When early landscapes broke free from being small vignettes in figurative paintings and established themselves as a motif in their own right, the sky was important but a part of the whole.
Giorgione’s revolutionary painting of The Tempest from just after 1500 features an active and exciting sky which sets the tension in the scene. But it’s kept firmly back behind the trees and buildings.
Likewise Albrecht Altdorfer’s innovative World View of the Battle of Issus (1529), in which a dramatic dawn strengthens the painting’s deep recession.
It was perhaps the landscape painters of the ‘low countries’, modern Belgium and the Netherlands, who first turned their attention to the sky. Confronted by relatively flat terrain, even if they included a lot of foreground detail on a panoramic support, much of the motif was going to be sky.
When the great Flemish master Peter Paul Rubens retired to his estate outside Antwerp to paint landscapes, he demonstrated to successive generations that they could and should make more of the sky. In A Landscape with a Shepherd and his Flock (c 1638), his horizon has dropped to divide the view into halves, the upper being equally interesting and worthy of the painter’s close attention.
Over the following fifty years, landscape painting flourished in the Low Countries, and the richly varied skies were often the subject, shifting fields and churches down to a narrow strip at the foot of the view.
Among the early examples is Jan van Goyen’s View of Dordrecht with the Grote Kirk Across the Maas from 1644.
Even Rembrandt, who painted few non-narrative landscapes, gave the sky more than half his canvas in this dramatic view of The Mill (1645-48), seen in the rich rays of twilight.
At about the same time, Jacob van Ruisdael painted his first panoramic landscape, View of Naarden and the Church of Muiderberg (1647). Still working on a very wide support orientated conventionally in ‘landscape’ mode, his immense sky is no passive backdrop to the land, but the scene of intriguing cloud formations. Are there showers building in the distance?
Winter landscapes such as Aert van der Neer’s Sports on a Frozen River (c 1660) came into vogue. Although most winter skies were flat and grey, this dusk view features more interest in its sky, with the pink tinge of the setting sun and rolling banks of cloud to the left and right adding great depth.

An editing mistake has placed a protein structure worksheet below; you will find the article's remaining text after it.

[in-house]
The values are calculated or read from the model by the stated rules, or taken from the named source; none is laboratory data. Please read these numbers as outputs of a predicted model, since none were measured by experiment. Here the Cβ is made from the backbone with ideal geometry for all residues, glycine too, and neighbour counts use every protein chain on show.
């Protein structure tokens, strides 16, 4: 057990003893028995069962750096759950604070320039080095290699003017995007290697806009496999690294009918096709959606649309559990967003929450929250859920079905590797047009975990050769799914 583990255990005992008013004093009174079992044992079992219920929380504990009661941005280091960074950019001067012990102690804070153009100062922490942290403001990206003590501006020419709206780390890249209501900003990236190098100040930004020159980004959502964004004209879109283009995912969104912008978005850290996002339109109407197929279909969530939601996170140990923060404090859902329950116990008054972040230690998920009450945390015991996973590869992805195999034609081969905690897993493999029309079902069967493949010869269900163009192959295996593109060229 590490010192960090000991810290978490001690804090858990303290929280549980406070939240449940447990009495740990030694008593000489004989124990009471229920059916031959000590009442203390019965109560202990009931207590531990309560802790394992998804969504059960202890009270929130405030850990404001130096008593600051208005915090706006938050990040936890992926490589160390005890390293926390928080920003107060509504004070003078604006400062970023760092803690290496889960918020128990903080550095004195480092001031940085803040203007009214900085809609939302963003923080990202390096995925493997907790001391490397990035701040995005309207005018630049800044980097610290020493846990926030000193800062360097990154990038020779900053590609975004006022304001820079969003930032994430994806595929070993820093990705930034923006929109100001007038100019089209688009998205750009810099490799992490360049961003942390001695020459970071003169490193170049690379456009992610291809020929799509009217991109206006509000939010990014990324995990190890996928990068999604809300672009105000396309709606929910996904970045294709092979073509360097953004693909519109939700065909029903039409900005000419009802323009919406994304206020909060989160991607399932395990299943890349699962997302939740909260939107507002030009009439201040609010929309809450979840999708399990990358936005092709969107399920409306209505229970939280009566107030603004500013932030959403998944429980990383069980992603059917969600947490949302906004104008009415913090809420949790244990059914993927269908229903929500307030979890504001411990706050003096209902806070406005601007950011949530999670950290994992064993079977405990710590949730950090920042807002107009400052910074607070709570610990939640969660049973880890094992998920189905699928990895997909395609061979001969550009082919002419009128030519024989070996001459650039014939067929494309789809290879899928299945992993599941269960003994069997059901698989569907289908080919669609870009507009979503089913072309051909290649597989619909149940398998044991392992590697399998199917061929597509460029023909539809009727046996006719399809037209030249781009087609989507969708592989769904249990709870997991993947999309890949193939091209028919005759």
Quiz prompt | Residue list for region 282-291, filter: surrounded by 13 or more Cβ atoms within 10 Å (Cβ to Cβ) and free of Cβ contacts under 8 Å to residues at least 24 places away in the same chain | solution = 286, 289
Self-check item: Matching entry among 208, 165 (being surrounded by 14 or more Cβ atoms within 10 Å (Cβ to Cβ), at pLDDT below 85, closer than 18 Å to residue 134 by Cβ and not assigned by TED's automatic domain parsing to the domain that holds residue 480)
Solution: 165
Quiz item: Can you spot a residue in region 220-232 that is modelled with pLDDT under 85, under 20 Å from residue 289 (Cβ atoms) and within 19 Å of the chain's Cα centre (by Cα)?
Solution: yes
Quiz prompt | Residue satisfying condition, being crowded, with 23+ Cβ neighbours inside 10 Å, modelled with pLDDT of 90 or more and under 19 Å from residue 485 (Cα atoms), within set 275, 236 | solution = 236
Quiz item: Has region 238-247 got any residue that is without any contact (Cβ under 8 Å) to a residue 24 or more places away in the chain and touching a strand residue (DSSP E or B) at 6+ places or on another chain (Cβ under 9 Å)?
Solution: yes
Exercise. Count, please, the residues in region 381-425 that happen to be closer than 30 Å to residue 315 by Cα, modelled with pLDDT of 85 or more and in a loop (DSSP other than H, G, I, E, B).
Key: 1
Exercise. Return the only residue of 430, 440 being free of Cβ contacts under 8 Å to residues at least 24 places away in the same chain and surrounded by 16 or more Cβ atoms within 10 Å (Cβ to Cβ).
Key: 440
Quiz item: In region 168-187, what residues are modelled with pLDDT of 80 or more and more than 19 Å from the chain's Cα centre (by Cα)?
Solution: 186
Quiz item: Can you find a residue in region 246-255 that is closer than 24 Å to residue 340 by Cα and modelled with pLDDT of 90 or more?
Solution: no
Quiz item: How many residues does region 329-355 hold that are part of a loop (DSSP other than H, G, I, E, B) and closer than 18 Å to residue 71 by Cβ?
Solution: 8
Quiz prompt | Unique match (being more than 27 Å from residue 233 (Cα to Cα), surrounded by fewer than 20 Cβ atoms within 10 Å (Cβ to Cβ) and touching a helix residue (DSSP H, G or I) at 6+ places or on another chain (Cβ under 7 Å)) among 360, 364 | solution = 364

Coastal views also became popular during the Dutch Golden Age. Unless backed with elevated dunes, there was no way that the artist could expand thin strips of beach and sea. The dominant towers of cumulus clouds in Adriaen van de Velde’s View of a Beach from 1663-65 became his subjects.
Some painters, including Jacob van Ruisdael, turned their canvases to make portraits of towering clouds, as in his View of Haarlem with Bleaching Fields from about 1665. The distant town of Haarlem with its monumentally large church of Saint Bavo – works of man – are dwarfed by these high cumulus clouds, the works of God. This motif proved so popular that Van Ruisdael painted many variants of the same view, making it now one of the most widespread landscapes across the galleries of Europe.
At the right time of day, the sky is also the most subtly colourful part of the view. This is shown in Adriaen van de Velde’s Colf players on the Ice near Haarlem from 1668.
In The Windmill at Wijk bij Duurstede from about 1670 the artist plays upon the association between the sky and its weather and man’s harnessing the force of the wind to work for him.
Still artists like Philip de Koninck marvelled at cloud formations in his River Landscape from 1676.
With this long stream of skyscapes from the Low Countries, the sky came to feature more prominently in paintings in the rest of Europe.
Claude Lorrain didn’t usually allow his skies to overwhelm his landscapes, but in A Seaport at Sunrise from 1674 he seems almost to have relented.
Of course, none of these is likely to have been painted in front of the motif. Rather these finished oil paintings are the result of plein air sketches and visual memory, being made in the studio. Early experiments in landscape painting in front of the motif, such as those by Diego Velázquez in the grounds of the Villa Medici in Rome, in the summer of 1630, hadn’t attended so much to the sky. That was about to change.